A question was recently posted to me by a friend. Was she still worthy to serve in church? Like really, was she?
Here’s her story; she recently separated with her husband after going through a rough patch in their marriage. Having been both regulars, she had chosen to serve in that particular church they attended. However, since the separation, she has been unable to bring herself and her children to attend church, and, subsequently, thus has not been able to give of her time and service to it.
It made me realize. There are a number of Christians, like my friend, struggling in their marriages who find themselves in a space where the only thing they can think of is laying low. Marital issues, separation or even divorce makes them stay away from the crowds. The burdens are too much to bear, coupled with only having but a few people around them to walk with.
Here’s the thing.
Church circles place high regard to marriages. It’s usually like there’s a big welcome party invite to get married, from the circles of association to the pulpit itself. That invitation, by the married to join their institution, comes hand in hand with such warmth and quite some enthusiasm.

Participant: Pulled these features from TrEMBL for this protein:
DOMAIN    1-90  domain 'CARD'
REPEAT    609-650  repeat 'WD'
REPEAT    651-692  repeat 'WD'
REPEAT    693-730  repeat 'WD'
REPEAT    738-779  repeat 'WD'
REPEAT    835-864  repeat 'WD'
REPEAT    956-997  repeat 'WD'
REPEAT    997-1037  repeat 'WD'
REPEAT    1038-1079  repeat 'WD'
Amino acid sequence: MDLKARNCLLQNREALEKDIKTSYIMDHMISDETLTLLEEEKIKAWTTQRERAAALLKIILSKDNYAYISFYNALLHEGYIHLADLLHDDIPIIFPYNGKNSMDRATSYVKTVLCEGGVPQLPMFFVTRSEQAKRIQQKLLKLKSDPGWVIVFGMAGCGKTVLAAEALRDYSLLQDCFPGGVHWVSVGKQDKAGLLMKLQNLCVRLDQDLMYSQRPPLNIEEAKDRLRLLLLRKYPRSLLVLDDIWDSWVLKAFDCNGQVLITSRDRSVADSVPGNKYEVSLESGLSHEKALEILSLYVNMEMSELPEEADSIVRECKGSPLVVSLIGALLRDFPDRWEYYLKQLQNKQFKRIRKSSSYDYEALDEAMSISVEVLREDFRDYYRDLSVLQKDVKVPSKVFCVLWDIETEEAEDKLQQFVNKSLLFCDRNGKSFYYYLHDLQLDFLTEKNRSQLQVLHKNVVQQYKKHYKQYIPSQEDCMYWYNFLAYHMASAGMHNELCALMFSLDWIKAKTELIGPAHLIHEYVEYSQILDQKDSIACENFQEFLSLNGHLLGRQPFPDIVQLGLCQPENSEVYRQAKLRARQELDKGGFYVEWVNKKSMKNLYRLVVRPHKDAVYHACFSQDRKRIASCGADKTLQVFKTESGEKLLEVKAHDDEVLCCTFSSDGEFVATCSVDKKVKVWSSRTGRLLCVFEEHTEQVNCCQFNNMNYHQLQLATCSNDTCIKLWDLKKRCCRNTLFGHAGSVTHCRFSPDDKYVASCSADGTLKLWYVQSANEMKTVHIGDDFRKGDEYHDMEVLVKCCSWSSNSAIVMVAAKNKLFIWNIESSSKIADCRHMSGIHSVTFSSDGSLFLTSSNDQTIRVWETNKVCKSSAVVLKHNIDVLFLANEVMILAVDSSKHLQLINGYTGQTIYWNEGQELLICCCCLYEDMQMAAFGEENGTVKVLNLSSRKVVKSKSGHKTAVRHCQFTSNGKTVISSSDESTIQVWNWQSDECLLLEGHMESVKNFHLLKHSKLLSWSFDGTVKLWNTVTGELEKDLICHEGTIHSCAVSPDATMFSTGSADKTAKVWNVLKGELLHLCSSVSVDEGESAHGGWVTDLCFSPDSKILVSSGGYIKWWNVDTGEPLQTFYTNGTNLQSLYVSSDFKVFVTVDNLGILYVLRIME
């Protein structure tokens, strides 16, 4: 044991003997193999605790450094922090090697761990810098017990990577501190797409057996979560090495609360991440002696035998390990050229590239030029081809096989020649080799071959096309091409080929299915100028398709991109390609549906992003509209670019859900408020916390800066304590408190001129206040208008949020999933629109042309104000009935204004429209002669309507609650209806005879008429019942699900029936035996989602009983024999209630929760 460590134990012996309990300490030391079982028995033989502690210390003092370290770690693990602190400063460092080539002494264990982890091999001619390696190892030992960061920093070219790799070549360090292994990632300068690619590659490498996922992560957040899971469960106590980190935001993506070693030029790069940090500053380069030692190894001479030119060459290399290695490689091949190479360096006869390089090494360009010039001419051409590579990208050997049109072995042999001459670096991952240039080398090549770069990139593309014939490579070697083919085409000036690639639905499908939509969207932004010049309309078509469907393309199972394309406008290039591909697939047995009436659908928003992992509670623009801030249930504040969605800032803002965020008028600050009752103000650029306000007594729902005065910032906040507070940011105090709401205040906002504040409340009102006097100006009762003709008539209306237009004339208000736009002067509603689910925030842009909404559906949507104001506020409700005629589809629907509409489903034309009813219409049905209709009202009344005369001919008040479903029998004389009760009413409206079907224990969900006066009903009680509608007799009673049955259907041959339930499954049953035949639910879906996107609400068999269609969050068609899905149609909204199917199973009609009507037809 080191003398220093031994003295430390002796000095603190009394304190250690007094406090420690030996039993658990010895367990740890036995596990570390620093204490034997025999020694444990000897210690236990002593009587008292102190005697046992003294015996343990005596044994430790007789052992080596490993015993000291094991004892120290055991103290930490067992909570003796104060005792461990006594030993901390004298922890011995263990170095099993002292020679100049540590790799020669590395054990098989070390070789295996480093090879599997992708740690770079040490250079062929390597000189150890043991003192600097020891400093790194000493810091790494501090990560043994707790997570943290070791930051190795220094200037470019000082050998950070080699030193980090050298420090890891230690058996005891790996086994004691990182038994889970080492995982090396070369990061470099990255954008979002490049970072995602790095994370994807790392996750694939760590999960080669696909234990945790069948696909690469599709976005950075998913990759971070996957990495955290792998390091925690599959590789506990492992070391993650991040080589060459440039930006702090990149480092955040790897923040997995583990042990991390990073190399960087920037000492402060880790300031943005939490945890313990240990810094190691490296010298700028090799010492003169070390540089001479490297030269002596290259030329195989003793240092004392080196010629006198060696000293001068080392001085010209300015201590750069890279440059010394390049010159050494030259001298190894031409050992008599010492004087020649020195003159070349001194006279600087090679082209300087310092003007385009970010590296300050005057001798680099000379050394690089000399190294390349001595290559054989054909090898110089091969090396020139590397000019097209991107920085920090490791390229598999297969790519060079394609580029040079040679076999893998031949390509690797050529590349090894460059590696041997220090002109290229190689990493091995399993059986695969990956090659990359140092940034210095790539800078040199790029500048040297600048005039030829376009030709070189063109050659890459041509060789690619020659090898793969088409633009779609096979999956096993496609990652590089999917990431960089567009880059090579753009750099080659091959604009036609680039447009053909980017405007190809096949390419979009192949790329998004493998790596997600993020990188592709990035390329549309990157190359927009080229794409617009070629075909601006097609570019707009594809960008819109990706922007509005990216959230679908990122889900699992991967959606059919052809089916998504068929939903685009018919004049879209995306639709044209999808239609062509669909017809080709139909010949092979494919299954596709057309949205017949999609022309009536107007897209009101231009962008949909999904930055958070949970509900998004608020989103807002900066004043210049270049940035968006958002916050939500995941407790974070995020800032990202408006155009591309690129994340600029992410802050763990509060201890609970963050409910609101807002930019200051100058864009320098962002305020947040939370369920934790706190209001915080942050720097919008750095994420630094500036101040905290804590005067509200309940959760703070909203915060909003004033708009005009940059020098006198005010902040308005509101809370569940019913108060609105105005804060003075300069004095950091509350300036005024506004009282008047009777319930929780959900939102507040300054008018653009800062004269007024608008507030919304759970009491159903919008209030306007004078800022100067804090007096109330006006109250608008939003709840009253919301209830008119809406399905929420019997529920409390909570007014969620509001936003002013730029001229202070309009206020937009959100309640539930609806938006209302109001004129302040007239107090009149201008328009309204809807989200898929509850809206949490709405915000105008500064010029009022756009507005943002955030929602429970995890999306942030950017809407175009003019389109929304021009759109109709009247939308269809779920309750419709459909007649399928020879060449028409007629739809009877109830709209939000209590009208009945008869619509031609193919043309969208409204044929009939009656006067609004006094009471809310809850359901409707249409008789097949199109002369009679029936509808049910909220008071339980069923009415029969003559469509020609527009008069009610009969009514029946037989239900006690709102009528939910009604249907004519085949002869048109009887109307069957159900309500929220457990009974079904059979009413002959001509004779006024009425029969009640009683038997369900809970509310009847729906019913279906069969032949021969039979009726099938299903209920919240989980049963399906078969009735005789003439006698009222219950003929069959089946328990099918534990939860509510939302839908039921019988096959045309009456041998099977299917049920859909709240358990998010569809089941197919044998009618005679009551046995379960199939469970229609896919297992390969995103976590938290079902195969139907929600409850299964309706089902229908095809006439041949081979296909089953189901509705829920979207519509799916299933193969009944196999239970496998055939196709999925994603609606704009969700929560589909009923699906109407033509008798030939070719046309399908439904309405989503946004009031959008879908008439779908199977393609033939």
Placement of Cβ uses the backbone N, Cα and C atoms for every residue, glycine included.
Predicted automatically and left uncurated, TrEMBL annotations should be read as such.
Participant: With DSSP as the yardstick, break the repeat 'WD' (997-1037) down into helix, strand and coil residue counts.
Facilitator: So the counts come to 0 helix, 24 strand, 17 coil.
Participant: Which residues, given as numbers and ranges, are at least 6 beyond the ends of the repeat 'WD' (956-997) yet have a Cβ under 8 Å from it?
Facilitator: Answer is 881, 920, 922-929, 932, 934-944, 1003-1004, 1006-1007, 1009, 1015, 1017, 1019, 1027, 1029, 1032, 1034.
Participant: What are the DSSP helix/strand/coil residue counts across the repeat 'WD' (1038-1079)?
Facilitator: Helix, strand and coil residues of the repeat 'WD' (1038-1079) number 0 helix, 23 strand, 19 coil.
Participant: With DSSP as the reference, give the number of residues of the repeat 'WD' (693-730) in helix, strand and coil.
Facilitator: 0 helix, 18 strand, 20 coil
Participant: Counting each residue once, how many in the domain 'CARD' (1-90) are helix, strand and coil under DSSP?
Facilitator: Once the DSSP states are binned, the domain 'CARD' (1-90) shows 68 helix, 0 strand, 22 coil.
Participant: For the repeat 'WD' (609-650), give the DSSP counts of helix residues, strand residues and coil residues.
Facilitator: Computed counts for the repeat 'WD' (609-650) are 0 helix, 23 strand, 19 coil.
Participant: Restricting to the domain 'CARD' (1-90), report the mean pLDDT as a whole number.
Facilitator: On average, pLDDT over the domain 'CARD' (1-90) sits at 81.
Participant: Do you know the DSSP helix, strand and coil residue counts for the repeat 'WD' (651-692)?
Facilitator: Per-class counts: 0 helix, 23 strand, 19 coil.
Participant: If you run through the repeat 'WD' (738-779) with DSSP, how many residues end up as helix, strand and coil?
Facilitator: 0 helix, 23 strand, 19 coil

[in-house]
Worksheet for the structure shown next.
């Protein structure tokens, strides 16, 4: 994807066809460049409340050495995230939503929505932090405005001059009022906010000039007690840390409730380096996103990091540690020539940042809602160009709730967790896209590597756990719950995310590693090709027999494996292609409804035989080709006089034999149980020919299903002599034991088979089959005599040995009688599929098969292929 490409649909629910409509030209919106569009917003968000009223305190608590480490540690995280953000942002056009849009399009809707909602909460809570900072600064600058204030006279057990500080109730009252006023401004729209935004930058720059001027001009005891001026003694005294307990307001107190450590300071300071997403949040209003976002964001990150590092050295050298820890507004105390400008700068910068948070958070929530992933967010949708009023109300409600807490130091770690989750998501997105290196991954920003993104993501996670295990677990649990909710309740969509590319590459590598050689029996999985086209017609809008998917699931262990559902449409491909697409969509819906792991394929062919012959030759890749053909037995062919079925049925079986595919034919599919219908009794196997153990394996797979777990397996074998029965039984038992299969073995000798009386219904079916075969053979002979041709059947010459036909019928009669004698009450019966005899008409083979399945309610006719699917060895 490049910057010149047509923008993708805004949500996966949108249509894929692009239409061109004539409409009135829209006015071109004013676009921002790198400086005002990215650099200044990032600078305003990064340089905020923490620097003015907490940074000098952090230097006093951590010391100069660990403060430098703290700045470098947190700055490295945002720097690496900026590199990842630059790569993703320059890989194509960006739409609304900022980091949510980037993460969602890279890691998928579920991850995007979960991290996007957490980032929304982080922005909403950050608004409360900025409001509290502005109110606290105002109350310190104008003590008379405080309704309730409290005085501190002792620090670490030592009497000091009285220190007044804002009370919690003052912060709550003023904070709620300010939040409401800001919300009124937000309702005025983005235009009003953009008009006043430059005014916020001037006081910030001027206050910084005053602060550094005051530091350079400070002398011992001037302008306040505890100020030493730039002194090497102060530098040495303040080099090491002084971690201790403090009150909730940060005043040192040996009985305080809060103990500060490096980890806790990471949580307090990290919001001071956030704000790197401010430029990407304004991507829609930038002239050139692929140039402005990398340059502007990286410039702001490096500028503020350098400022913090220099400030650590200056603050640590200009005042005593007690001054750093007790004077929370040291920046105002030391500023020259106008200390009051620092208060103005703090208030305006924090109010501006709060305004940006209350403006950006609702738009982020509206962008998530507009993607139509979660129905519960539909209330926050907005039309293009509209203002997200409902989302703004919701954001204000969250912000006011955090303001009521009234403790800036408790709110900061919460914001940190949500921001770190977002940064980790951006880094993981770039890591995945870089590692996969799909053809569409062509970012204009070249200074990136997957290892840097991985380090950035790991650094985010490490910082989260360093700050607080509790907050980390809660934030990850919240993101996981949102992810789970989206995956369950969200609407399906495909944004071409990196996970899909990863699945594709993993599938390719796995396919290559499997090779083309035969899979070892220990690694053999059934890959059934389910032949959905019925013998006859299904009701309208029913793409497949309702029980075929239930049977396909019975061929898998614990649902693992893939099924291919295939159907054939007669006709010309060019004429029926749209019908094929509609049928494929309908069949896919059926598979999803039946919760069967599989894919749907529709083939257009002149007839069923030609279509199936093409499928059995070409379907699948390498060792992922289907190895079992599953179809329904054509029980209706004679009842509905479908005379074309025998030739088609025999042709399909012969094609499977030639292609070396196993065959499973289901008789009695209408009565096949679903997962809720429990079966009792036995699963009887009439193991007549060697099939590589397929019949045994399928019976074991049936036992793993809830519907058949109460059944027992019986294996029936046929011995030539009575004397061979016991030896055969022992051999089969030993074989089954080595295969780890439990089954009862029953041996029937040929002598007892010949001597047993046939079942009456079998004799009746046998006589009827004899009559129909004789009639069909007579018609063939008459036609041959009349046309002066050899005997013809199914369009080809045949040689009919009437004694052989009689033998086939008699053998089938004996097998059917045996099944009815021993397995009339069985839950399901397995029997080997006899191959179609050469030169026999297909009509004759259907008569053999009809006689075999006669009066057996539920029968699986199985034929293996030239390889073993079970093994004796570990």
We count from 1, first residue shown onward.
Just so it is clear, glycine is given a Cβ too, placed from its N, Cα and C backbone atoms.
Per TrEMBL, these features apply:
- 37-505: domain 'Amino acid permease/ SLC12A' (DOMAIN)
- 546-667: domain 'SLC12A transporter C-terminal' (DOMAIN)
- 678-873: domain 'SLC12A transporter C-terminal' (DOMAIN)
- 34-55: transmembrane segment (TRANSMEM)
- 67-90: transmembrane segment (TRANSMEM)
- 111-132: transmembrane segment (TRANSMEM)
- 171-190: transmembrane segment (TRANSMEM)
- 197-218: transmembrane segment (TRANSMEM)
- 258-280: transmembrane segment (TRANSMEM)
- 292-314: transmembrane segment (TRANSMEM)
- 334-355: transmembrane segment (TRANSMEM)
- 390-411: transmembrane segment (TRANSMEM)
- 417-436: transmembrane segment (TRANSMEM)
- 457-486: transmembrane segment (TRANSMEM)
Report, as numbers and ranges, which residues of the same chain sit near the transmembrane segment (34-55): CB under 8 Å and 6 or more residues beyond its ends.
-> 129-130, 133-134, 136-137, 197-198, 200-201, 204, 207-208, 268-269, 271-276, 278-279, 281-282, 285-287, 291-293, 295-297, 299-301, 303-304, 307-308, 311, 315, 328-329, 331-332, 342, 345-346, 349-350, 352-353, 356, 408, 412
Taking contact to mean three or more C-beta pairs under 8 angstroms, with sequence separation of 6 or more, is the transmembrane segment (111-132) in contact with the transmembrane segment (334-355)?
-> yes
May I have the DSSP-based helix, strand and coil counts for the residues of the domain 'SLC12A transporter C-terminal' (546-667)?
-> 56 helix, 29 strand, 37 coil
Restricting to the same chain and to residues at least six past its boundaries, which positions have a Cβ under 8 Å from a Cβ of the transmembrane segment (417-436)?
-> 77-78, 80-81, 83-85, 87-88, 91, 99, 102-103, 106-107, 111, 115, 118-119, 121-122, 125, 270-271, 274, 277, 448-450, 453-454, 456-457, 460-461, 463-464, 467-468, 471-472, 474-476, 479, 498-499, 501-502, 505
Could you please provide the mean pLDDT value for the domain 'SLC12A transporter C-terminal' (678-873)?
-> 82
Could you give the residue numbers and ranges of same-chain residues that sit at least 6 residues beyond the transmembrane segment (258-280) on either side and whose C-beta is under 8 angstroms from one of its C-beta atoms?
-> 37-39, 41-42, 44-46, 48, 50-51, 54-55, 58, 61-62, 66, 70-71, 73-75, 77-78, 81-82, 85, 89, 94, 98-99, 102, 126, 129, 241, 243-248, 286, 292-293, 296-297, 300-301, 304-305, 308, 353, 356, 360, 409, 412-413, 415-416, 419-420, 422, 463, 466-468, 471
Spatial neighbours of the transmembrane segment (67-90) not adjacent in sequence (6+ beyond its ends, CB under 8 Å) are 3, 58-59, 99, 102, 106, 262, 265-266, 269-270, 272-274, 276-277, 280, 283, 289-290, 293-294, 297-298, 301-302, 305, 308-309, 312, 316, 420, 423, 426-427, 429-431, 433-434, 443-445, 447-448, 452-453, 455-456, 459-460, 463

The pressure to get in is, initially, subtle, but with time, it can cause great anxiety about one’s future. This pressure is real for many, especially for those at the forefront of ministry, those in service. You start thinking, could the person you’re meeting for the first time at a function be the one? Or could it be this other person that has been right under your nose? You get obsessed, very obsessed, with the idea of finding a spouse or being found. It even feels like a calling, like a purpose to be achieved.
And then, you get into a relationship. Now you fit in. Couples want to hang out with you and your spouse. Dinner offers at their homes, your eagerness and desire to learn something, anything, about long-term relationships are on full throttle. All is bliss. The associations, mentorships and help from the peers are really going on well. These are exciting moments.
All this time, as a lot of the focus is placed on beautiful relationships, only a few of the couples are willing to open up, to share about their hard and painful moments. And before you realize, your own bubble is about to burst. For when those around you see a beautiful glowing couple, when some even wish they could find someone who would make a perfect match for a couple like you, your struggles’ spark is about to burst into a mighty flame.
Don’t get me wrong. Marriage is a good thing. After all, it is initiated and ordained by God. And it should reflect the relationship between Christ and His bride.
The reality comes in a double dosage. As I have said before, marriage is a union between two sinners, both of whom are in need of a loving Savior. When life happens and the masks fall off, it can be quite an ordeal for some married folks.